It is not enough for the EU to be a bystander or to ‘outsource’ its security policy towards the Indo-Pacific to the US and regional partners. The EU should approach Indo-Pacific security challenges proactively, seeking to influence developments in the regionDr Nicola Leveringhaus and Professor Ramon Pacheco Pardo
28 January 2022
Academics present report on key Indo-Pacific region to European Union
A report examining the future of the European Union’s role in the key Indo-Pacific region was presented to a committee of MEPs by King’s College London academics.
Dr Nicola Leveringhaus and Professor Ramon Pacheco Pardo co-authored an in-depth analysis at the request of the EU’s Sub-Committee on Security and Defence and presented its findings to European Parliament members at a meeting on 27 January.
The report, Security and Defence in the Indo-Pacific: What Is at Stake for the EU and its Strategy?, assessed the short and longer-term strategic options for the EU in terms of security and defence in the region and presented a series of recommendations for policy-makers to consider.
In their report, Prof Pacheco Pardo, head of the Department of European and International Studies, and Dr Leveringhaus, senior lecturer in the Department of War Studies, warned that the security challenges of the Indo-Pacific had a “direct impact” on the EU.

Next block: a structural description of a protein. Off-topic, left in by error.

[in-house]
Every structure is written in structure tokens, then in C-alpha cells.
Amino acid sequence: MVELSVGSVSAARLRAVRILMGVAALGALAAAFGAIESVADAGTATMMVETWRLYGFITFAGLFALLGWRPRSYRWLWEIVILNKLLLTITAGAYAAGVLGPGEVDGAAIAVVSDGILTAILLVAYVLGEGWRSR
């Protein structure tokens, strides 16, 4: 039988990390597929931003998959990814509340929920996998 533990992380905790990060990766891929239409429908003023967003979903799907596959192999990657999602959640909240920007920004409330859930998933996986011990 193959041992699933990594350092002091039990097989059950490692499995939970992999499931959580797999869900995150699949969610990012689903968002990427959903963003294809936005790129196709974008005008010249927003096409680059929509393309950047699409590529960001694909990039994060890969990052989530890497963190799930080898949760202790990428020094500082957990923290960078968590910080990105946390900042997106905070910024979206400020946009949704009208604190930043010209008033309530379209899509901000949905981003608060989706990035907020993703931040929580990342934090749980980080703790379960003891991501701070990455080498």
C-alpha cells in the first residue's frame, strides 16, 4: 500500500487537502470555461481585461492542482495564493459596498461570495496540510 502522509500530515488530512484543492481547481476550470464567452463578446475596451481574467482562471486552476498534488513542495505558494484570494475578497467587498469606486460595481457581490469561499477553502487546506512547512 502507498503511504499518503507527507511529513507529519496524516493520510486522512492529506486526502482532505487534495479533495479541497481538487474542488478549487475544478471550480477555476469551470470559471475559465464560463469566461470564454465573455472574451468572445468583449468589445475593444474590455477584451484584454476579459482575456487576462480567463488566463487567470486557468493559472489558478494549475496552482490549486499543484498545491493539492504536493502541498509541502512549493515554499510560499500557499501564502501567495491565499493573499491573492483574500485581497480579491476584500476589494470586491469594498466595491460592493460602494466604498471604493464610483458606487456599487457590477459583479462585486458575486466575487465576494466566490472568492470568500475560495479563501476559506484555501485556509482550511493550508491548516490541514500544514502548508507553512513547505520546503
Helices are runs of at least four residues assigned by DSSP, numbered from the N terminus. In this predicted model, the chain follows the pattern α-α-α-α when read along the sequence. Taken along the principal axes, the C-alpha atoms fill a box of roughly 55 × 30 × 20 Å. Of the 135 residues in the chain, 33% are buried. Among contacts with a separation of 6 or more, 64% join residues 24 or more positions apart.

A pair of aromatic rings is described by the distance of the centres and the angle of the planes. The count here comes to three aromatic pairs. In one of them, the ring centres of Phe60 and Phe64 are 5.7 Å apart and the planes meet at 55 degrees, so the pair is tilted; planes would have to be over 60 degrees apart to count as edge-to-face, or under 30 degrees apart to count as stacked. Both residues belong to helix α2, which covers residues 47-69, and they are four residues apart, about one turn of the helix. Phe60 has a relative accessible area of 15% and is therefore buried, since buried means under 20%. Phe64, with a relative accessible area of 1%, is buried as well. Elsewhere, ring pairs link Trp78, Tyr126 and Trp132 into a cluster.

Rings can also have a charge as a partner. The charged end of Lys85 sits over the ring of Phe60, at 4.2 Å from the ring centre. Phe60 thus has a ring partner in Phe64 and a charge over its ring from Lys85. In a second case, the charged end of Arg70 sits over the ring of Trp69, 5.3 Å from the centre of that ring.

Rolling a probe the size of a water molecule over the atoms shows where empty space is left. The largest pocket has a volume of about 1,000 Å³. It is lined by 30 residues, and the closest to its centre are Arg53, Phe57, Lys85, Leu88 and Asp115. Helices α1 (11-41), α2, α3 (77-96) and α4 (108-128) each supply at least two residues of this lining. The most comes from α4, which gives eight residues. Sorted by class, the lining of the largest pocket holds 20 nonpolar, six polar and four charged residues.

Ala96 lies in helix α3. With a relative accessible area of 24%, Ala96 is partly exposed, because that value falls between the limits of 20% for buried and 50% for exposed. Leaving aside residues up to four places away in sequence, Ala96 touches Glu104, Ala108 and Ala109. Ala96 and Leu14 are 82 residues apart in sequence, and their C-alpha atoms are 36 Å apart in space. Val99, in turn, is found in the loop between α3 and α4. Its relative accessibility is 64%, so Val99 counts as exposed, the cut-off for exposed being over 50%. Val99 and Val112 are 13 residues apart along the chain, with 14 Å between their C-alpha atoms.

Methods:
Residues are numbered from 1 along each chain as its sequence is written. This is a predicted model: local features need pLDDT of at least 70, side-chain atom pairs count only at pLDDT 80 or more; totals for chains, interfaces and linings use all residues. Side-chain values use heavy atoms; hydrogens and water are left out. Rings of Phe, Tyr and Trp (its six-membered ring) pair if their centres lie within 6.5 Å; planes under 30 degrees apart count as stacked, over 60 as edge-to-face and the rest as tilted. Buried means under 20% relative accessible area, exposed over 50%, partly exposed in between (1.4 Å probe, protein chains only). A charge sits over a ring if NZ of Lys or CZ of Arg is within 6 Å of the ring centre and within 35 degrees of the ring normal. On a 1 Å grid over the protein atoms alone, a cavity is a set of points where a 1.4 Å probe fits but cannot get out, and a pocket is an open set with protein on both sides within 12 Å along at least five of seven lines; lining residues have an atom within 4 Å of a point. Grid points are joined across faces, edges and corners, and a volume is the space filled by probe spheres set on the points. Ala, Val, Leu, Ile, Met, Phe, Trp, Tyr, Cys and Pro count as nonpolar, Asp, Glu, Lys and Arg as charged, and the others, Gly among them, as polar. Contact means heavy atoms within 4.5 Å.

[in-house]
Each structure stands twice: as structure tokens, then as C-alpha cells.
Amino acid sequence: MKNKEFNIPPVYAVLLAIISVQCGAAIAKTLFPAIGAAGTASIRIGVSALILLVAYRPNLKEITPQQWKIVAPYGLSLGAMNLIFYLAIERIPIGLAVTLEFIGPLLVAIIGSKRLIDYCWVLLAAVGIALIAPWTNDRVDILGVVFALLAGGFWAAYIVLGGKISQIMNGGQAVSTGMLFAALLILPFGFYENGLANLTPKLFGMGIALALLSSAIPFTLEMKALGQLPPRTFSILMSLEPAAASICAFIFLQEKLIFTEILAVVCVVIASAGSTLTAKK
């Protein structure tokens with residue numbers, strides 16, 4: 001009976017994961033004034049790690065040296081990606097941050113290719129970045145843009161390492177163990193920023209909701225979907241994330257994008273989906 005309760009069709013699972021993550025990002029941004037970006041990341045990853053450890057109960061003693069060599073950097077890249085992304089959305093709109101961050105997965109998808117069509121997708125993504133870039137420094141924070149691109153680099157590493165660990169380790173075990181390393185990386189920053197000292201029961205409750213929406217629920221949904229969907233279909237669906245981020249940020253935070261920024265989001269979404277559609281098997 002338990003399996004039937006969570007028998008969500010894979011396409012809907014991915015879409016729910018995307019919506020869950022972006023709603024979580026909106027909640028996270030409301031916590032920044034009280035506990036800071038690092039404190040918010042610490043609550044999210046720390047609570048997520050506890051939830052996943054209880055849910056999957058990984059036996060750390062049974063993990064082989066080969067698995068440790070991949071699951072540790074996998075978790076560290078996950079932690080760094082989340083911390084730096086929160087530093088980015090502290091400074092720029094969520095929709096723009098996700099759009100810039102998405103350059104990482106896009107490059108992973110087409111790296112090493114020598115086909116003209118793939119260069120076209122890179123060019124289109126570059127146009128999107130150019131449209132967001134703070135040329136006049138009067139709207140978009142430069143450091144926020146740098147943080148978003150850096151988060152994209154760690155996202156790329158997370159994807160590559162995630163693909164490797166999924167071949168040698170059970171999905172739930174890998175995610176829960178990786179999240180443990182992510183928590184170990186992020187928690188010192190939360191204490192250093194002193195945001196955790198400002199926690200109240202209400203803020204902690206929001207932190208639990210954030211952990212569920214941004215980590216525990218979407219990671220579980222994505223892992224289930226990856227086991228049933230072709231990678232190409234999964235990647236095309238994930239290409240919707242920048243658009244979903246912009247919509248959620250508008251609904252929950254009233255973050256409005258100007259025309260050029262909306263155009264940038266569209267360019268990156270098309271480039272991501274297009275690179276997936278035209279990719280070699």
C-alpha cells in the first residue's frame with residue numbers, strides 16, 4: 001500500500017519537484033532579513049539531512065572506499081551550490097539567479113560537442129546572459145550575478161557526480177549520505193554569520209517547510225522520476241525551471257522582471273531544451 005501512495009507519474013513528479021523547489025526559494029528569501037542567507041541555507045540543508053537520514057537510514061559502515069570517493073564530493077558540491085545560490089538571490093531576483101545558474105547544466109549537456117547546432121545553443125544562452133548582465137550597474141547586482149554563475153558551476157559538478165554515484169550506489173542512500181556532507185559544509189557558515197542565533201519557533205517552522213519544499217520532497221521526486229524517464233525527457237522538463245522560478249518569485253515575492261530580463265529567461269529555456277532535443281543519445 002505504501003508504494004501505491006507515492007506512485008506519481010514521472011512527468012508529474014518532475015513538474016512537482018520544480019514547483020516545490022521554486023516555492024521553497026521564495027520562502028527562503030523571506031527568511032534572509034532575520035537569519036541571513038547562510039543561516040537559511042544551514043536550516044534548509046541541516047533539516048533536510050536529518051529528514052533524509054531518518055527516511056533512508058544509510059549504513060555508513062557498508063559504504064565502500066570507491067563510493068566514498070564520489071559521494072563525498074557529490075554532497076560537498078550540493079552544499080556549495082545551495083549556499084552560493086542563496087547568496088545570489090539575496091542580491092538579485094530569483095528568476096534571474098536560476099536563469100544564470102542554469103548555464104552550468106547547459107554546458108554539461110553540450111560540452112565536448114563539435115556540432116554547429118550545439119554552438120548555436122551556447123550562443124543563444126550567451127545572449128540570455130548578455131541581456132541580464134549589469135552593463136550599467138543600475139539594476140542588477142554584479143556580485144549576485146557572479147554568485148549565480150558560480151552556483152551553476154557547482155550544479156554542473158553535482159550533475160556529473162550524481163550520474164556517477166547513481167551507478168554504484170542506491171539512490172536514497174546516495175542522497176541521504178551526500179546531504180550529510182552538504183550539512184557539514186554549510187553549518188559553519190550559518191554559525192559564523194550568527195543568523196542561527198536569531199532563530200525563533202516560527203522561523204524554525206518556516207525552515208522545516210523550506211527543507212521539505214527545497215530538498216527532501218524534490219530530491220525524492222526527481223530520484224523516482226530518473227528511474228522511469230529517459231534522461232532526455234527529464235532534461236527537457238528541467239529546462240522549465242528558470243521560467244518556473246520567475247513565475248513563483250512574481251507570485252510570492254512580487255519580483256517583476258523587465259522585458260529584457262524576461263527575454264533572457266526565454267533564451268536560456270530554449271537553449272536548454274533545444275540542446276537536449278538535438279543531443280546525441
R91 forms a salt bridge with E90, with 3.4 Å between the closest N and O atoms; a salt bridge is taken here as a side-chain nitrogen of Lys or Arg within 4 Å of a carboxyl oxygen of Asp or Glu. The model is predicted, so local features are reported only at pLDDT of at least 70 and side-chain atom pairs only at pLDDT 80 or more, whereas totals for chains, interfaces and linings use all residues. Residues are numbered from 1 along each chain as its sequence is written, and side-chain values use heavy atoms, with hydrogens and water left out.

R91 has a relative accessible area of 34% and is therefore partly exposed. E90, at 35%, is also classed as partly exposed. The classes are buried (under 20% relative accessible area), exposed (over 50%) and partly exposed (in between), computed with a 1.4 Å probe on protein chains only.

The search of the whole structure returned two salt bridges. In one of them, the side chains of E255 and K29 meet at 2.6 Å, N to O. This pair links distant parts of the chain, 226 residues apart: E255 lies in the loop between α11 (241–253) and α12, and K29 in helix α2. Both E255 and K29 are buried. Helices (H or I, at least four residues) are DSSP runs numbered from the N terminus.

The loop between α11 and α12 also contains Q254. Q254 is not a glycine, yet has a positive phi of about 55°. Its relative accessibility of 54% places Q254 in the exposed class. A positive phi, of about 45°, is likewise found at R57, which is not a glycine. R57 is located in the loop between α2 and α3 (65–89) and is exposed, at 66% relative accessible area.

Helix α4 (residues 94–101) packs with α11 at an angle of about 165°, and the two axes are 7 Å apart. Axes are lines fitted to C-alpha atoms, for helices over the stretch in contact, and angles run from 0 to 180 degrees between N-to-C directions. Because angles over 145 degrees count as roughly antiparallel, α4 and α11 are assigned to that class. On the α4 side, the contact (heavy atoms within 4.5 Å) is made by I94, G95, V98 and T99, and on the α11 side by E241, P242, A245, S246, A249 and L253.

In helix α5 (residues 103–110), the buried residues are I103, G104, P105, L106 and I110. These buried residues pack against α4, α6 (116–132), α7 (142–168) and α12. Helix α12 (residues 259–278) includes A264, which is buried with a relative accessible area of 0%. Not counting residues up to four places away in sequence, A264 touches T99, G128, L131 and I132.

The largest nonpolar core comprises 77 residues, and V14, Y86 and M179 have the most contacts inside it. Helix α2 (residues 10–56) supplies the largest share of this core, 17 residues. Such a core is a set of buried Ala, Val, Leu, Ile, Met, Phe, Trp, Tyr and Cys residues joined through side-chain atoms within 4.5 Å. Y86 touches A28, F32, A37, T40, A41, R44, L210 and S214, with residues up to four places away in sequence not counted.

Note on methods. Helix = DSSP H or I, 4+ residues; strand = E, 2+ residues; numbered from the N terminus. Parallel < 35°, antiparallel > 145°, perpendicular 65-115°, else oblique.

They said: “The region might not be in the immediate European neighbourhood, but its growing importance to the world economy, simmering tensions, increasing links with Europe, the rise of China, and Sino-American competition are among the reasons why the EU must ensure it is a security player in the region.
“It is not enough for the EU to be a bystander or to ‘outsource’ its security policy towards the Indo-Pacific to the US and regional partners. The EU should approach Indo-Pacific security challenges proactively, seeking to influence developments in the region.”
The report’s key recommendations focussed on maritime capacity, cyber security, partnership building with nations and institutions such as the Association of Southeast Asian Nations (ASEAN), and the approach to China.
The meeting was attended by MEPs from the Foreign Affairs committee, the Security and Defence Sub-committee, and the parliament's delegations for relations with Australia and New Zealand, China, India, Japan, the Korean Peninsula, and Southeast Asia and ASEAN.
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Ramon Pacheco Pardo
Head of the Department of European & International Studies and Professor of International Relations